Like much of the Cornish gold, some of the tin was almost certainly ‘exported’ to Ireland where it was mixed with Irish copper to make bronze. Prior to Dr. Standish’s research, archaeologists had thought that most of the Bronze Age gold artefacts found in Ireland and Britain had been made from Irish rather than south-west British gold.

As the Bronze Age progressed, large quantities of tin were also exported to the great North Welsh copper mining area near Llandudno where it was used to make even greater quantities of bronze, especially bronze axes to help clear thousands of square miles of British forests to create more land for agriculture.

Although estimates suggest that up to 200 kilos of gold were extracted from the south-west peninsula’s streams and rivers during the Early Bronze Age, only around 270 gold artefacts from that period, totalling some eight kilos, have ever been found and recorded in Britain and Ireland. Most of the major individual pieces, that have survived through to the present day, each weigh up to 50 grams (apart from one unusually large example weighing 560 grams) and are housed mainly in museums in London, Dublin, Edinburgh, Truro (Cornwall) and Devizes (Wiltshire).

Cornwall’s River Fowey is a typical prospectors’ site
Cornwall’s River Fowey is a typical prospectors’ site (Lee Allan Kane Photography)

Sadly, the great majority of gold artifacts originally manufactured during that era were almost certainly repeatedly melted down over the centuries to manufacture later artifacts. Indeed some of that prehistoric Cornish gold is almost certainly still in circulation. Hundreds of other original gold artifacts probably still lie buried where they were deposited as offerings to the gods by Bronze Age priests, while many others were almost certainly unearthed by farmers and labourers over the centuries – but quietly melted down, and therefore remained unrecorded.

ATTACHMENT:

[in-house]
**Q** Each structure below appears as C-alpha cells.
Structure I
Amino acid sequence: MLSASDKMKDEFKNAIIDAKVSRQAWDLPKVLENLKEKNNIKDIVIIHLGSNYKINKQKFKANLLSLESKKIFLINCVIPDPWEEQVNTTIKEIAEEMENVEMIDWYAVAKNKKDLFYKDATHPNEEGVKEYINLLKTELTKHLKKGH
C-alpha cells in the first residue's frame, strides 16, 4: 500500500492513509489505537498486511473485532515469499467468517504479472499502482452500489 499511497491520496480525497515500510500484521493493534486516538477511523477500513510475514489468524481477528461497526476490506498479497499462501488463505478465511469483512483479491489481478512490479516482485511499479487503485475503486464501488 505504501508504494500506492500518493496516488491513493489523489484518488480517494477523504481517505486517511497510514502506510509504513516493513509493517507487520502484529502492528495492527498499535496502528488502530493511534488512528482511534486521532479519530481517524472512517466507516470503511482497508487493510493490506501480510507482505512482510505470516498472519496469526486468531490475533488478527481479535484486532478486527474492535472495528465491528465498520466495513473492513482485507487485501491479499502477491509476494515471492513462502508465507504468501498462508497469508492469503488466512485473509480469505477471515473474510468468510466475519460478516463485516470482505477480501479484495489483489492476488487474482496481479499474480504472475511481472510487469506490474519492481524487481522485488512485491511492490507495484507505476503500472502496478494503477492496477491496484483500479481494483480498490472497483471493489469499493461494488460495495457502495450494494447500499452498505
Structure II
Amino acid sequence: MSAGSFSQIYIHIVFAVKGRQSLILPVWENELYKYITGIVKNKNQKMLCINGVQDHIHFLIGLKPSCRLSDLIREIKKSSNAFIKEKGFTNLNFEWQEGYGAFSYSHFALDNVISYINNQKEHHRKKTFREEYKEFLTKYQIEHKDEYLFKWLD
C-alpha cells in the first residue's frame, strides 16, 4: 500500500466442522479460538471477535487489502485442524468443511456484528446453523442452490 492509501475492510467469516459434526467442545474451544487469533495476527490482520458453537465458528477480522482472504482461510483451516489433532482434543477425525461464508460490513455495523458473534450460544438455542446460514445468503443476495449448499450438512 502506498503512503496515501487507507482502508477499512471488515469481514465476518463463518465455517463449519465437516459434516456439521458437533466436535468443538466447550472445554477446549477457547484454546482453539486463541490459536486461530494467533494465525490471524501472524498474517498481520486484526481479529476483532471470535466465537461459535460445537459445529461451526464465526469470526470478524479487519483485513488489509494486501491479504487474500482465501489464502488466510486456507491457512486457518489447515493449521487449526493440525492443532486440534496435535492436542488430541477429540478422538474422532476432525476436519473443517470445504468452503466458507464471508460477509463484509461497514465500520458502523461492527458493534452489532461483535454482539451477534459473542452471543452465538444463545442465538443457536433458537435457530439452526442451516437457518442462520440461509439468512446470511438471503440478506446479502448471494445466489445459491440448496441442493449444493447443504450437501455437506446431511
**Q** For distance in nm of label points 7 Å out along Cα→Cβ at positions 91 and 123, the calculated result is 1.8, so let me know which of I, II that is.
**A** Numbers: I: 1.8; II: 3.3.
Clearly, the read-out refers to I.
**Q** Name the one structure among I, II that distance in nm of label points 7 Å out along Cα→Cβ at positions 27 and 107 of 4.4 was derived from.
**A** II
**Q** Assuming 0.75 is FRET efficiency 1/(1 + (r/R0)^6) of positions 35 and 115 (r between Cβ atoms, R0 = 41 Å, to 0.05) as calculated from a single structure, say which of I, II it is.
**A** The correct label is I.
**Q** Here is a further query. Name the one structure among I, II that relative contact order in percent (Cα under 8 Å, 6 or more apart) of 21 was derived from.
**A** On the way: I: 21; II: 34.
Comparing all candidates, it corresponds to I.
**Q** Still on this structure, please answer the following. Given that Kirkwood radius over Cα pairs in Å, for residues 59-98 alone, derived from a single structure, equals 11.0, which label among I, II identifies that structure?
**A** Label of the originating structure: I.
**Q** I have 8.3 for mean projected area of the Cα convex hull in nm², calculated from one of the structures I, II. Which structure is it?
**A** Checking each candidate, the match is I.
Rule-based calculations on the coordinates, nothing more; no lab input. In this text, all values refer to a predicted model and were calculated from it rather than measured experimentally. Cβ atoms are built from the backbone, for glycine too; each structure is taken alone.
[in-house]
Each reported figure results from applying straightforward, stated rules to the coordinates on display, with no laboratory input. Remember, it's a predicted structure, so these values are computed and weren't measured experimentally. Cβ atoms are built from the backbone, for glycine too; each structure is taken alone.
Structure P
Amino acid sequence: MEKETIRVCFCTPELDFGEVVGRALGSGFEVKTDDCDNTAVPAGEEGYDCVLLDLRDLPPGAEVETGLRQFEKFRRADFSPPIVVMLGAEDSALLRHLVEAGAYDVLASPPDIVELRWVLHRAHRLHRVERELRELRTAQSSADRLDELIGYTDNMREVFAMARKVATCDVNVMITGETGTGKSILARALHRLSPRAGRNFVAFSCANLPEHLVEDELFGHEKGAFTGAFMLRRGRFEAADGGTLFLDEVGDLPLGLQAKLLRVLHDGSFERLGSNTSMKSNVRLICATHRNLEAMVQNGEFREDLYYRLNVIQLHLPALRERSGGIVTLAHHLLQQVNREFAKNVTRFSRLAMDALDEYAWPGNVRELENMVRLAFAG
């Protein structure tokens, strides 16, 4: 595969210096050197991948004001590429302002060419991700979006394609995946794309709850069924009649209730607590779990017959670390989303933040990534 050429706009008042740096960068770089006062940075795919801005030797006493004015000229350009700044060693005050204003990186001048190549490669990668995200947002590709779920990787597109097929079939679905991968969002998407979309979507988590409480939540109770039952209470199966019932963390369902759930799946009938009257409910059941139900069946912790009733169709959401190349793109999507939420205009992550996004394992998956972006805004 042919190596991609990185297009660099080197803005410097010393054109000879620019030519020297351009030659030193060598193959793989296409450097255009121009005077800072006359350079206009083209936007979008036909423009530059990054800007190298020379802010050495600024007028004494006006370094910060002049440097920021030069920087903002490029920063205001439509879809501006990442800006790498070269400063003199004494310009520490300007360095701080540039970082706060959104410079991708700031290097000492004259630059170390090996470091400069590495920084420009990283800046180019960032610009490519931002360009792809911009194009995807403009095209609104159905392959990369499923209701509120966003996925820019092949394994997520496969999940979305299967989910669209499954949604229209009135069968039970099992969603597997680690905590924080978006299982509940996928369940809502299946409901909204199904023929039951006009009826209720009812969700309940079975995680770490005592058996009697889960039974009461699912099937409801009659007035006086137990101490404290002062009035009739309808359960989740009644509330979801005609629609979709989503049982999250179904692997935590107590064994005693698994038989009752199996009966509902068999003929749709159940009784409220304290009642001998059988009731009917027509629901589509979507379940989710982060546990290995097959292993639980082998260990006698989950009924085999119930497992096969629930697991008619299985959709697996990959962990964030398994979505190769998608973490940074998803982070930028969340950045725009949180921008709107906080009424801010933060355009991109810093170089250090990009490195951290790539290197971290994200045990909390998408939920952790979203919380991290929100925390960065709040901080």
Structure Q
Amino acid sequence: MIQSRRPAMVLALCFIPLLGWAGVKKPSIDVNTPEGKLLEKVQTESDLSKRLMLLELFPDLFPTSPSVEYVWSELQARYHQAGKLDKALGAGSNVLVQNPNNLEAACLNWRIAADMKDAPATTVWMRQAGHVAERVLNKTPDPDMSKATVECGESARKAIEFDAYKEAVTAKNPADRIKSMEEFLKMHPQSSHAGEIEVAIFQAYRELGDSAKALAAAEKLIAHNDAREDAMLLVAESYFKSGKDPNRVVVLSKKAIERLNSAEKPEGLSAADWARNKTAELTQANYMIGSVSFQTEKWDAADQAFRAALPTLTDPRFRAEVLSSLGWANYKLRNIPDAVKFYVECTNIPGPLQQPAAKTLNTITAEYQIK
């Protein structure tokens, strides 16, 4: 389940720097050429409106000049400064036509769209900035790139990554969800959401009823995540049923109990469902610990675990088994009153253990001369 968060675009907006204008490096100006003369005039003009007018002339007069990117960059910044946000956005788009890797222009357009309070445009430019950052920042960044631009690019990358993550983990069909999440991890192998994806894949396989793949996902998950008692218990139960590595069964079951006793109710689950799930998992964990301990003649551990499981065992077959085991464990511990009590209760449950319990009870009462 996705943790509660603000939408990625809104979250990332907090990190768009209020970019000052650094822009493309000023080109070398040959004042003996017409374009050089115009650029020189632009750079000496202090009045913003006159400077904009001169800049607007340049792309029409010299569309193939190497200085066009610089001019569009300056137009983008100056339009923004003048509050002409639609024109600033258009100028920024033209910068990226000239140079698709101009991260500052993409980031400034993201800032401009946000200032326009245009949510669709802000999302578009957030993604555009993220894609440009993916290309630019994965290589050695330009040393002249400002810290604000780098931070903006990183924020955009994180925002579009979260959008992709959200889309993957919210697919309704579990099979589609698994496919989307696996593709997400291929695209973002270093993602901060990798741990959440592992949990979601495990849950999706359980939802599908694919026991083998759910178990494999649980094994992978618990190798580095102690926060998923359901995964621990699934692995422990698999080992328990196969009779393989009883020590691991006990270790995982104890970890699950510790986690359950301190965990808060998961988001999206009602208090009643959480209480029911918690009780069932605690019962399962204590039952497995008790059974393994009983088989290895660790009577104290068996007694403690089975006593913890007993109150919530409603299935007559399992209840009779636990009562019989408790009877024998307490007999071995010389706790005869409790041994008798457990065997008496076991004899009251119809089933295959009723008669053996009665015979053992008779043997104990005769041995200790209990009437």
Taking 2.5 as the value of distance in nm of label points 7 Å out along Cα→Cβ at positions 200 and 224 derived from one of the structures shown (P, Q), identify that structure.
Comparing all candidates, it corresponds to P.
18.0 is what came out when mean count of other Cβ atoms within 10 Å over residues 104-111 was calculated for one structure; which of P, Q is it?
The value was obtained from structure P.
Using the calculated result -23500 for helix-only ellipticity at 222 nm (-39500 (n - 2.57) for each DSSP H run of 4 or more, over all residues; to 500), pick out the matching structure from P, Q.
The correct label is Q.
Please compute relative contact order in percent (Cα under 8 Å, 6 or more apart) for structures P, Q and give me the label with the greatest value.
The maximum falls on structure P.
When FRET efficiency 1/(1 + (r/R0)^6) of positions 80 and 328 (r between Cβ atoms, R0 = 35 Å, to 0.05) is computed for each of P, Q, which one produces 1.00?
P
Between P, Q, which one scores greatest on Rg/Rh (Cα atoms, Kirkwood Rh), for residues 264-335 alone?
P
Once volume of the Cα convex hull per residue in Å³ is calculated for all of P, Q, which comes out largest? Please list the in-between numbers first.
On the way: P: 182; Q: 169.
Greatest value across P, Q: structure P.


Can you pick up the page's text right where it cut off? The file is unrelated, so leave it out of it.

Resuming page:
The most important centre for south-west British gold and tin exports in the early Bronze Age may well have been north Cornwall’s Padstow area, where the sizable estuary would have provided shelter for the merchant vessels of the period. It is one of the very few areas in Britain where a concentration of large extremely fine Early Bronze Age artifacts have been found. It is therefore also conceivable that the area is where some of the Cornish gold was transformed into spectacularly beautiful very high status ritual objects. The estuary was ideally located for trading with Ireland and Wales.

Much of the gold was beaten into thin sheets that were then cut into crescent-shaped ‘breast plates’. Recent research suggests that they may have been used as part of sun worship rituals. It’s even conceivable that some of the golden breast plates were ‘worn’ by wooden idols – as well as potentially by local religious leaders or shamans. Unlike many Bronze Age treasures, they were not normally used as grave goods for the dead – but were instead buried in peat bogs and other places as votive offerings to the gods.

Additional metallurgical tests on Bronze Age gold treasures in Britain and Europe are planned by the archaeologists – and are likely to yield further crucial information as to where prehistoric Cornwall’s golden exports went to.